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Book Review
The Ancient Magick of Trees: Identify & Use Trees in Your Spiritual & Magickal Practice
by Gregory Michael Brewer, Llewellyn Publications (2019); review by Owen Williams

Front Cover: The Ancient Magick of TreesSynopsis: This unique illustrated resource helps you identify more than one hundred common trees across North America and Europe and discover their medicinal and magickal properties. Gregory Michael Brewer provides detailed information about the mythology and symbolism of trees from around the world along with an abundance of exercises and meditations suitable for Pagans of all skill levels and traditions.

Featuring over two hundred illustrations, this book is the only one you'll need while studying trees. Whether you're seeking the scientific characteristics of a particular species or the folk traditions and remedies associated with it, this is a must-have guide for those who want to enhance their magickal practice and their understanding of our relationship with trees.

I am not what you would call a “spiritual person”. However, even without a natural predisposition to feel a mystical connection with nature, I found The Ancient Magick of Trees to be an entertaining and eye-opening read. The book’s goal is to show how important trees have been across human existence, and to teach us how we can form a better relationship with trees today. It serves as a great guide for those who want to get back in touch with nature and wish to harness some of the “magick of the forest” in their own lives!

Though the book does not delve deeply into any one culture or religion, author Gregory Brewer clearly shows that seeing trees as divine beings is a common, nearly universal view shared across time and civilizations. From the ancient Egyptian culture in which Ra the Sun God rose between two Sycamore trees each morning, to two prominent modern religions—Christianity and Buddhism—whose origins are intertwined with the simple existence of trees, the pattern is clear. Brewer draws on and exposes the reader to many examples of the importance of trees in the foundational stories of culture, myth, and religion throughout the book, though further reading would be needed for an in-depth understanding of these examples, as he does exclusively present abridged summaries of these stories.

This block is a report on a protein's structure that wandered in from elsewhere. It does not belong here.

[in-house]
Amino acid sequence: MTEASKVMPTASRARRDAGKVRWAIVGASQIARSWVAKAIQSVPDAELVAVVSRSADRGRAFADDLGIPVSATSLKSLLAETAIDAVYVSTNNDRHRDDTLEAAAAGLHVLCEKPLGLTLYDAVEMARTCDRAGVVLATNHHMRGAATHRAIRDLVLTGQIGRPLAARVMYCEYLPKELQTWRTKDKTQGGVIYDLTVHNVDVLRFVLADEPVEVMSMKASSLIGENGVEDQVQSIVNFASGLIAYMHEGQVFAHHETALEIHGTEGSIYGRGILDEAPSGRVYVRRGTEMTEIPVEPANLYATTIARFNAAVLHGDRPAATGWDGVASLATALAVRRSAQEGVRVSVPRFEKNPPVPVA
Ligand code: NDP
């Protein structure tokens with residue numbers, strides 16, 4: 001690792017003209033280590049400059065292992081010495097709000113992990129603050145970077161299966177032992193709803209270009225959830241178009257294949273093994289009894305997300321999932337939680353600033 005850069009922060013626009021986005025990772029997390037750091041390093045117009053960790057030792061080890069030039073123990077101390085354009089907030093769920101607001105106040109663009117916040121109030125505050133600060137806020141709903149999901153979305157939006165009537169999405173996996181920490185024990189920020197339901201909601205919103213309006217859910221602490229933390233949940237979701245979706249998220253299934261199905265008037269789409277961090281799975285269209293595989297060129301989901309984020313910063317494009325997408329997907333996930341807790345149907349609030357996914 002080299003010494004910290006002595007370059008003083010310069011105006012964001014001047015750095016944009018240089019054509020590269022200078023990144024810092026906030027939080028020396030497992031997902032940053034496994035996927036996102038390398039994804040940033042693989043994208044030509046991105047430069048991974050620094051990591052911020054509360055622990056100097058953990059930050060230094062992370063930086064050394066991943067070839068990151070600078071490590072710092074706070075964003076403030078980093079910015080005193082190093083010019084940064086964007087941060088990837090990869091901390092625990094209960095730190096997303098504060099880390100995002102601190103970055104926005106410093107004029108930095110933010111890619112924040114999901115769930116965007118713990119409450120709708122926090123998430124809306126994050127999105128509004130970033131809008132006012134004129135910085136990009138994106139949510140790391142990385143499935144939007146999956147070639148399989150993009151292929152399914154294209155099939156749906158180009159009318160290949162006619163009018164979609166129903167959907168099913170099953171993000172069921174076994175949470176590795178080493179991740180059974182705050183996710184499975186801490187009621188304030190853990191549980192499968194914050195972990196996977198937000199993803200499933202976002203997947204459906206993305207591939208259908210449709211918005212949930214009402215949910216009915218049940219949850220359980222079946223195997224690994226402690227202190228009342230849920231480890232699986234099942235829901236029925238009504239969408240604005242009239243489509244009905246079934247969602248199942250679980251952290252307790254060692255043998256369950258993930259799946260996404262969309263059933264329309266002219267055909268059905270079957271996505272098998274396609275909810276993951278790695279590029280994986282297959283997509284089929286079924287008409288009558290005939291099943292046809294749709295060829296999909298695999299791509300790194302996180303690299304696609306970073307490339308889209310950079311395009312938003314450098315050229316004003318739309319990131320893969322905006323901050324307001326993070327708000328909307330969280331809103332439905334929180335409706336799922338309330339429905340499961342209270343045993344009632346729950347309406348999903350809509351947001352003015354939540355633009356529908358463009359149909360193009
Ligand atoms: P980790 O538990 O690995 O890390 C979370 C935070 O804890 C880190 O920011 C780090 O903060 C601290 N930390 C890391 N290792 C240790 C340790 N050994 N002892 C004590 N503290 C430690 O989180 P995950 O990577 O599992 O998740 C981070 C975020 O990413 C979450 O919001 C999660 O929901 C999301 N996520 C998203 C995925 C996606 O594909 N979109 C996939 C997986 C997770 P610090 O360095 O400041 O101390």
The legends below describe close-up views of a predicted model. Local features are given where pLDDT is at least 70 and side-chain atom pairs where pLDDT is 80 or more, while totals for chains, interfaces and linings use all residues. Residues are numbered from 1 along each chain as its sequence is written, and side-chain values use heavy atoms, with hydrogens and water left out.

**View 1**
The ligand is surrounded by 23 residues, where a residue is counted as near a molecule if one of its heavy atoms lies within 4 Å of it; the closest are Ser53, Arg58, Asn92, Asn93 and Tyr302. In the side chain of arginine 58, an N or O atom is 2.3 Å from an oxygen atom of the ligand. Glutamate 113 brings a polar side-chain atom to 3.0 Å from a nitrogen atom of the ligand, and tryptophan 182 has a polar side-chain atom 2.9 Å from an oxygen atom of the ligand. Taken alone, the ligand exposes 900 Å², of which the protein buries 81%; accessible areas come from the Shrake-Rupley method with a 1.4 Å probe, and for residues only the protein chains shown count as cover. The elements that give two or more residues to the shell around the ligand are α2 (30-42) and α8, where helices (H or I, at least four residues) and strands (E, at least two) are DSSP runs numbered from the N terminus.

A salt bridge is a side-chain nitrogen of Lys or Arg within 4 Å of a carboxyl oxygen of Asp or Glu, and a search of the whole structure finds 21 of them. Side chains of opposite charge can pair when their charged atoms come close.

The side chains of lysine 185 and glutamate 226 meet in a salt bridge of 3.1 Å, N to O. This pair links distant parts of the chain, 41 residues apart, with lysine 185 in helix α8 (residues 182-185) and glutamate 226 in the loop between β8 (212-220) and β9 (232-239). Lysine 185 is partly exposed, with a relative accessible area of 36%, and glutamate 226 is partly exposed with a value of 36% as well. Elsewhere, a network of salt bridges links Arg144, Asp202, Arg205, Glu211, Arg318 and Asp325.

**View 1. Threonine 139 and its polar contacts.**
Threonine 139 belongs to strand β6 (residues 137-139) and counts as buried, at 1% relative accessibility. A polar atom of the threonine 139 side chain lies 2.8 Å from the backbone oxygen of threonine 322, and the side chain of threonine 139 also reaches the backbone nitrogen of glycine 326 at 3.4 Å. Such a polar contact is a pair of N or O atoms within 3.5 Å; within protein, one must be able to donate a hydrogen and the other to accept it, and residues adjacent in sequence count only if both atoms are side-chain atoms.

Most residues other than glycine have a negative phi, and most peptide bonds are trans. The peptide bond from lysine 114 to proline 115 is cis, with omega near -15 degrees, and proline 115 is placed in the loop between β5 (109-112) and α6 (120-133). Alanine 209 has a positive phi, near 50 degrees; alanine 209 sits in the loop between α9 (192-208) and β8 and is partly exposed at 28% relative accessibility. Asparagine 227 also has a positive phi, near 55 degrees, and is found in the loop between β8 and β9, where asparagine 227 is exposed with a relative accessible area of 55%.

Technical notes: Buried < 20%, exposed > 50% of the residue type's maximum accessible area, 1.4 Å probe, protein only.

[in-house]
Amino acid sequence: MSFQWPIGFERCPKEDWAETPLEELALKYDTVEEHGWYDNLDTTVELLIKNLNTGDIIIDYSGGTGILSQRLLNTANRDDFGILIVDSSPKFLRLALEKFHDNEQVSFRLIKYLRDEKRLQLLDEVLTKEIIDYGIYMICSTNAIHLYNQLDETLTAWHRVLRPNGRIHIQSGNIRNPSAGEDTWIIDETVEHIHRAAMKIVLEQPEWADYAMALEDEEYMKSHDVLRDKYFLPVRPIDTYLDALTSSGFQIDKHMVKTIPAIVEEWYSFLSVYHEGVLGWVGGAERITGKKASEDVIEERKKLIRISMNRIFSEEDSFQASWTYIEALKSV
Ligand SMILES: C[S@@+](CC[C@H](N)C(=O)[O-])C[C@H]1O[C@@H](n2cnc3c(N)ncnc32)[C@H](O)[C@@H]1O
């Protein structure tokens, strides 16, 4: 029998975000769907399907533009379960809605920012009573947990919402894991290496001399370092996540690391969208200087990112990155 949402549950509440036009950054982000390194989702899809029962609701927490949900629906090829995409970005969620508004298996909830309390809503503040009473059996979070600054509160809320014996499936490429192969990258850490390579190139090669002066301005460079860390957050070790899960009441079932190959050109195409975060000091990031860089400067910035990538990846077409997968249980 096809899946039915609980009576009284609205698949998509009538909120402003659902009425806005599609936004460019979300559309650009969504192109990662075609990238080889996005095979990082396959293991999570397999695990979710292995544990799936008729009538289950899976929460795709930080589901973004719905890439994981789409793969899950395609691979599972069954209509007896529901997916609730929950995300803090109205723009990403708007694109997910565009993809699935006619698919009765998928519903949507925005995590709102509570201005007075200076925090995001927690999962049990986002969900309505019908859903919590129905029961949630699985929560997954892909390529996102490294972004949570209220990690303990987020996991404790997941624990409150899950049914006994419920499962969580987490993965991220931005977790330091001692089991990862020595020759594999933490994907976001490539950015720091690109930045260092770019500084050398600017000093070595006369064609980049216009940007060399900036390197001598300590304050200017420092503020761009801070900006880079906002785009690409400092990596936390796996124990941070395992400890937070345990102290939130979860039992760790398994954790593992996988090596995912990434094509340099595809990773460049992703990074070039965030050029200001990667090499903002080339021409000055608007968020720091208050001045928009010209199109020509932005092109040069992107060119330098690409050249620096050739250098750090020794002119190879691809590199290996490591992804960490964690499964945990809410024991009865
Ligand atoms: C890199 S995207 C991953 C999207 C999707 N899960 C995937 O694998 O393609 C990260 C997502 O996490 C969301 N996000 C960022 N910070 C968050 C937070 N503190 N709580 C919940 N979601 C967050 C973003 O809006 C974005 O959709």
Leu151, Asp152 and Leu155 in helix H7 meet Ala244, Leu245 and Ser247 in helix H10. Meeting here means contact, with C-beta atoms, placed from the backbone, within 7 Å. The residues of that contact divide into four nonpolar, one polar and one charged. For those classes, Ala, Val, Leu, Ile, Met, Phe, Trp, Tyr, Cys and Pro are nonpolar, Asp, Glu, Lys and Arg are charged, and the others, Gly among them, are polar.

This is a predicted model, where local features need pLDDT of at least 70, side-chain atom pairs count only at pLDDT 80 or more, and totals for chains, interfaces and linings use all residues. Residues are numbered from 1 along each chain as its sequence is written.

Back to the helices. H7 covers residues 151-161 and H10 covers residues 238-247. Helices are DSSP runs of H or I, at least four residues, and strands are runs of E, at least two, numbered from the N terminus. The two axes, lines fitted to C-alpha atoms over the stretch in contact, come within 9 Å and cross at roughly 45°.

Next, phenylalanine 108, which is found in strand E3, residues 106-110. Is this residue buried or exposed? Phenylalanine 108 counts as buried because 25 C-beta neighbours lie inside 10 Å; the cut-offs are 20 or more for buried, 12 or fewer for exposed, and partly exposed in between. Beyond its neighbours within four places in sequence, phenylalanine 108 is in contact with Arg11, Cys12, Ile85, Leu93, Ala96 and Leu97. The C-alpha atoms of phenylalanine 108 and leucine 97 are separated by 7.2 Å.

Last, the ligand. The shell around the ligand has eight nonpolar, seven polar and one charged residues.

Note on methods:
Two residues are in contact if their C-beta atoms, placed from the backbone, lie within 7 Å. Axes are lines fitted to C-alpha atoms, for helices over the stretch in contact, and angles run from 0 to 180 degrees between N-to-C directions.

I was pleasantly surprised to find a childhood favorite of mine included among the tales: The Giving Tree by Shel Silverstein. The story was something that always stuck with me, and Brewer does a great job of breaking down how it illustrates the give-and-take relationship we have with nature. As mentioned I am not a “spiritual” person, but it is nearly impossible to deny a spiritual element in the abusive way we treat trees, and how they seemingly give back to us so selflessly, almost in a forgiving way. We are the boy who takes everything from nature, and while thankful, we often fail to give back anything in return, while the tree is simply happy to just give. I found this to be such a beautiful reminder of how we can get so far apart from nature spiritually, although we may be near it physically.

This led into the later sections of the book, which are involved with practical tree identification as well as advice on how to get more in touch with the “magick” of trees. I for one am convinced: I plan on using this book to develop a better relationship with the trees around me at Ecology Action and, if they so allow, to channel some of the "magick" and wisdom they provide so generously. I would highly recommend this book to anyone who has experienced the undeniable mystique that an abundance of trees provides. If you have a deeper interest in trees than simply enjoying them from afar, and want to integrate a more balanced connection with them into your life, The Ancient Magick of Trees is a good place to start.

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